• Store all your state in a single MutableStateFlow/MutableLiveData/BehaviorRelay
  • Inherit that field from a base class (so that you become highly coupled to the framework)
  • When edits are made to the state, these “mutations” are strictly serialized, and the state variable is wrapped in synchronized, mutex or lock

This applies for pretty much all popular MVI frameworks — Orbit, Mavericks, Uniflow-kt, Mobius…

As this is all a way to implement the Command pattern with an undo stack (command processor).

Undo history in GIMP

It makes sense when you actually need that: a list of previous executed operations, so that you can undo them at will. However, this is overhead if you have something like an input form, or just showing a list of data fetched from database and/or the network.

Now if we recognize that we do not need to keep the evaluated results (state + async loaded data + transient state) as a single object in a single field, and we don’t need to make the stream itself stateful, then we can swap out scan (which must return a value synchronously) with combineLatest (which allows a combination of any number of reactive streams, and therefore allows working with asynchronously retrieved results).

using combine instead of scan

Now we can remove using _state.value = _state.value.copy() because our state is always built from the latest evaluated input parameters!

val state = combine(flow1, flow2, flow3) { param1, param2, param3 ->
State(param1, param2, param3)
}.stateIn(coroutineScope, SharingStarted.WhileSubscribed(5000), State())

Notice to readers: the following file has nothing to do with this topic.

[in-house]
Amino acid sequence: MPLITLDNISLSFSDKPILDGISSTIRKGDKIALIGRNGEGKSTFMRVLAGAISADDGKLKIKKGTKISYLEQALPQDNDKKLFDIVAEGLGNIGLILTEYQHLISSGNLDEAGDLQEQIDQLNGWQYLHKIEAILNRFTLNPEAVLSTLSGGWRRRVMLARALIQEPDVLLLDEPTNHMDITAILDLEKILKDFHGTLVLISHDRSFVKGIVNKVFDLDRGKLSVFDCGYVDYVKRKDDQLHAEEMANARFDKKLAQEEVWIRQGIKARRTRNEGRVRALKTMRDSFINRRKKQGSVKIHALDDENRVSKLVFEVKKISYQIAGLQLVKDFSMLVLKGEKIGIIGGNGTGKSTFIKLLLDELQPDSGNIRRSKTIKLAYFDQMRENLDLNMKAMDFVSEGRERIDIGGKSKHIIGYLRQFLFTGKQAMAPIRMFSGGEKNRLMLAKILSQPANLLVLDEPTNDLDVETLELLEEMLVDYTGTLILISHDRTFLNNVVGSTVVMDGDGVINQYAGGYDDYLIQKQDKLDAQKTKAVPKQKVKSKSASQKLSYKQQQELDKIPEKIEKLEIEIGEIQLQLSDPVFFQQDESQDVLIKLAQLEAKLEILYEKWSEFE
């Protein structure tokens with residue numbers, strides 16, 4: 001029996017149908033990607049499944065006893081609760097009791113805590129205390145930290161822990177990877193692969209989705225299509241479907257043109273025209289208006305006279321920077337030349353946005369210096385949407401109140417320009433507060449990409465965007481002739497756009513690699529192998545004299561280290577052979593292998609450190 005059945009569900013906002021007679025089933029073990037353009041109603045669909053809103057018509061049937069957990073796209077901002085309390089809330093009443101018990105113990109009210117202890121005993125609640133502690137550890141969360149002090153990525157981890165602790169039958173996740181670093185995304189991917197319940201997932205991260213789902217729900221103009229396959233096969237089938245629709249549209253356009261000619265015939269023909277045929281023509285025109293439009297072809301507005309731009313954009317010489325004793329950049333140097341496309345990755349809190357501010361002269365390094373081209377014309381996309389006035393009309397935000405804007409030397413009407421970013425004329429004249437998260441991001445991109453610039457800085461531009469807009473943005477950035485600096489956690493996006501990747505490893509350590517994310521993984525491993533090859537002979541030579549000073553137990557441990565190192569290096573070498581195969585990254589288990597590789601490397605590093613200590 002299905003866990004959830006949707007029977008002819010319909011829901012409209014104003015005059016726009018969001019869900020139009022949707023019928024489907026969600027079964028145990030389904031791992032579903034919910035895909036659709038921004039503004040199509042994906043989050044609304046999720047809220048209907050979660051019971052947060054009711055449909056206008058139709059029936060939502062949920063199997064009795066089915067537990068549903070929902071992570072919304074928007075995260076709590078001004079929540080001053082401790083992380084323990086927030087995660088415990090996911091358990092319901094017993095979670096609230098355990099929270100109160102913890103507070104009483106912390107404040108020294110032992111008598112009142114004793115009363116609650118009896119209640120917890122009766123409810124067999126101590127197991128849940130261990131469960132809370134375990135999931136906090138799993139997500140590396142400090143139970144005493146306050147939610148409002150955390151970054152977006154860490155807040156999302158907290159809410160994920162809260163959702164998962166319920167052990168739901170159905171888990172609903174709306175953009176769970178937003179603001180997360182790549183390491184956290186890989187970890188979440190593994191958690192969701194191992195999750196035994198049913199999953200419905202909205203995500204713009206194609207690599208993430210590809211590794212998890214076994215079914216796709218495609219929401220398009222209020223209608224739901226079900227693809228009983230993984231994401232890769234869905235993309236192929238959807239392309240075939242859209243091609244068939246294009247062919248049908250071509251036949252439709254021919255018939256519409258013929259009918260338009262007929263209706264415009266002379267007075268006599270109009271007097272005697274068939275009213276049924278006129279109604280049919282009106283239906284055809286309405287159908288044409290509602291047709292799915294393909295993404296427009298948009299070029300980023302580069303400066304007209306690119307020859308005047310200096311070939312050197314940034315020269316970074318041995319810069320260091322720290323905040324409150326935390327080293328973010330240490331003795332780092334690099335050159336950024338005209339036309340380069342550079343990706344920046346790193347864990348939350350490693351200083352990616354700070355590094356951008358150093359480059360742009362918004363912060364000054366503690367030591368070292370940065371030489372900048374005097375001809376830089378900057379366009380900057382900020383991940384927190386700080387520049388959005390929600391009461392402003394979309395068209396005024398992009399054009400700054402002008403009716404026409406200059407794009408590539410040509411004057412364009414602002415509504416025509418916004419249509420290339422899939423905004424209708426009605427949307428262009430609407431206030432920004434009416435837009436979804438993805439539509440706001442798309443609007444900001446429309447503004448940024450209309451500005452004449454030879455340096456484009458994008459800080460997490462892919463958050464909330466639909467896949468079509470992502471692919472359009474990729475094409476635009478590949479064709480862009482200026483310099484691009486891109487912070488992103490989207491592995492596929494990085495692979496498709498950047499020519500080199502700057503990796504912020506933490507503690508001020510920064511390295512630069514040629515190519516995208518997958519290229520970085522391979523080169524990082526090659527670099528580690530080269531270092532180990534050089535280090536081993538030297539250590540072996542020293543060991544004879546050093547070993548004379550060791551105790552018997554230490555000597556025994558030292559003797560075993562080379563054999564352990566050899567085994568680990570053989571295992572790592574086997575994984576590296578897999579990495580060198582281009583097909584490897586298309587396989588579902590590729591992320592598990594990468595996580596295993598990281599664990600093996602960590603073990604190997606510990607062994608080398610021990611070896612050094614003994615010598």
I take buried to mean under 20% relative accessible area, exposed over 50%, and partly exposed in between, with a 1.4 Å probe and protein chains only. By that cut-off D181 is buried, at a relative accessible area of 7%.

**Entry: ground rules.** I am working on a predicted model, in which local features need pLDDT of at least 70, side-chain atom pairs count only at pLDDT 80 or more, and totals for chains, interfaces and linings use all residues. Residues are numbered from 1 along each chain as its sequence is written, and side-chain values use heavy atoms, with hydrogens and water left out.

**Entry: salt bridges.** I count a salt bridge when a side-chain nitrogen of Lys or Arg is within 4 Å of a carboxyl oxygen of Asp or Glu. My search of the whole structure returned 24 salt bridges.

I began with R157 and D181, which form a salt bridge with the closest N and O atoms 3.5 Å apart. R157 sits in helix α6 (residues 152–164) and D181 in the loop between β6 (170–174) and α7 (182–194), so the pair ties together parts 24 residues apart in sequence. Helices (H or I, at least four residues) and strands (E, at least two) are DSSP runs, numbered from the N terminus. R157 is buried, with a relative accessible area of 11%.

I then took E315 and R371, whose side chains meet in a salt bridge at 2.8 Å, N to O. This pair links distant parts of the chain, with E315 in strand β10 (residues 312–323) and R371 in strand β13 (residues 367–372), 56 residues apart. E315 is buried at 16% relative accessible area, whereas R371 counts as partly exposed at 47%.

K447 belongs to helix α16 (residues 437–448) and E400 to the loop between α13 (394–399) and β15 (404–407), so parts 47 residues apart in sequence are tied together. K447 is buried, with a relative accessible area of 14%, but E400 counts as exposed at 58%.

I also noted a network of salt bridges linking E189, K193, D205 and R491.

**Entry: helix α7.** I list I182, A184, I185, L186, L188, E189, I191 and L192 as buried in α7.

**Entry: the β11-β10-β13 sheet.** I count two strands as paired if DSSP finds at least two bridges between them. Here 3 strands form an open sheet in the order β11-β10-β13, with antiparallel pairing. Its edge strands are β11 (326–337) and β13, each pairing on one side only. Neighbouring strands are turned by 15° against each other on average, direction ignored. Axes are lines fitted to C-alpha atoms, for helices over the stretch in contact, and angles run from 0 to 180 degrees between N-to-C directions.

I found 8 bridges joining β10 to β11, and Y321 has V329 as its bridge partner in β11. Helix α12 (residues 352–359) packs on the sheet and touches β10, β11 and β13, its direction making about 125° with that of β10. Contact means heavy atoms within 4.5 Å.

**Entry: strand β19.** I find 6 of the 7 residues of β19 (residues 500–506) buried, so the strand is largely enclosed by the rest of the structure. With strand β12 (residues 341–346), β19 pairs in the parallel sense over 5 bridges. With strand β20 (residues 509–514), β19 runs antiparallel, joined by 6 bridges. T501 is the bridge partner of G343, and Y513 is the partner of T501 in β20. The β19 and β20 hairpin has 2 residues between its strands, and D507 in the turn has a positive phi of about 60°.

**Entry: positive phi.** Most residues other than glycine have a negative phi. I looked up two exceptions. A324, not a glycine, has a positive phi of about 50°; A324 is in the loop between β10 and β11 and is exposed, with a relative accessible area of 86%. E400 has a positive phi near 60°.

If we need debouncing for the values ​​coming from flow1, we can add that. If we need filtering on flow2, we can add that. If we need to load data asynchronously from the database by flow3we can add that.

We’ve claimed reactivity! All we had to do is abandon what MVI frameworks force on you through their inheritance-based APIs. We can build reactive UI state with either LiveData (and SavedStateHandle), or RxJava’s BehaviorRelayor MutableStateFlowbut in theory even with Databinding’s observable computed properties.

The option was always there, all we had to do was, uh, not do imperative MVI?

Example for reactively evaluated UI state

Now we’re able to use your state to evaluate data asynchronously, and even state persistence across process death is trivial.

Once we recognize that we never needed to build a state reducer, and instead we can create a state combinerwe can finally use reactive frameworks in a reactive way using combine — instead of being forced to implement a scan operation where all events must be processed in a strictly sequential manner (as otherwise, we could get race conditions).

However, using combine, you always see the latest values ​​of the inputs, which means that race conditions are impossible (you don’t depend on previous values ​​to evaluate your current state). If ensuring correct execution was as simple as not having to read the previous evaluated value, why has it been done for over six years?

As I’ve posted about the downsides of imperative MVI before, and even gave a talk on how to turn state management reactive instead, I won’t be the person to answer that. Maybe third time’s the charm? 😅

Leave a Comment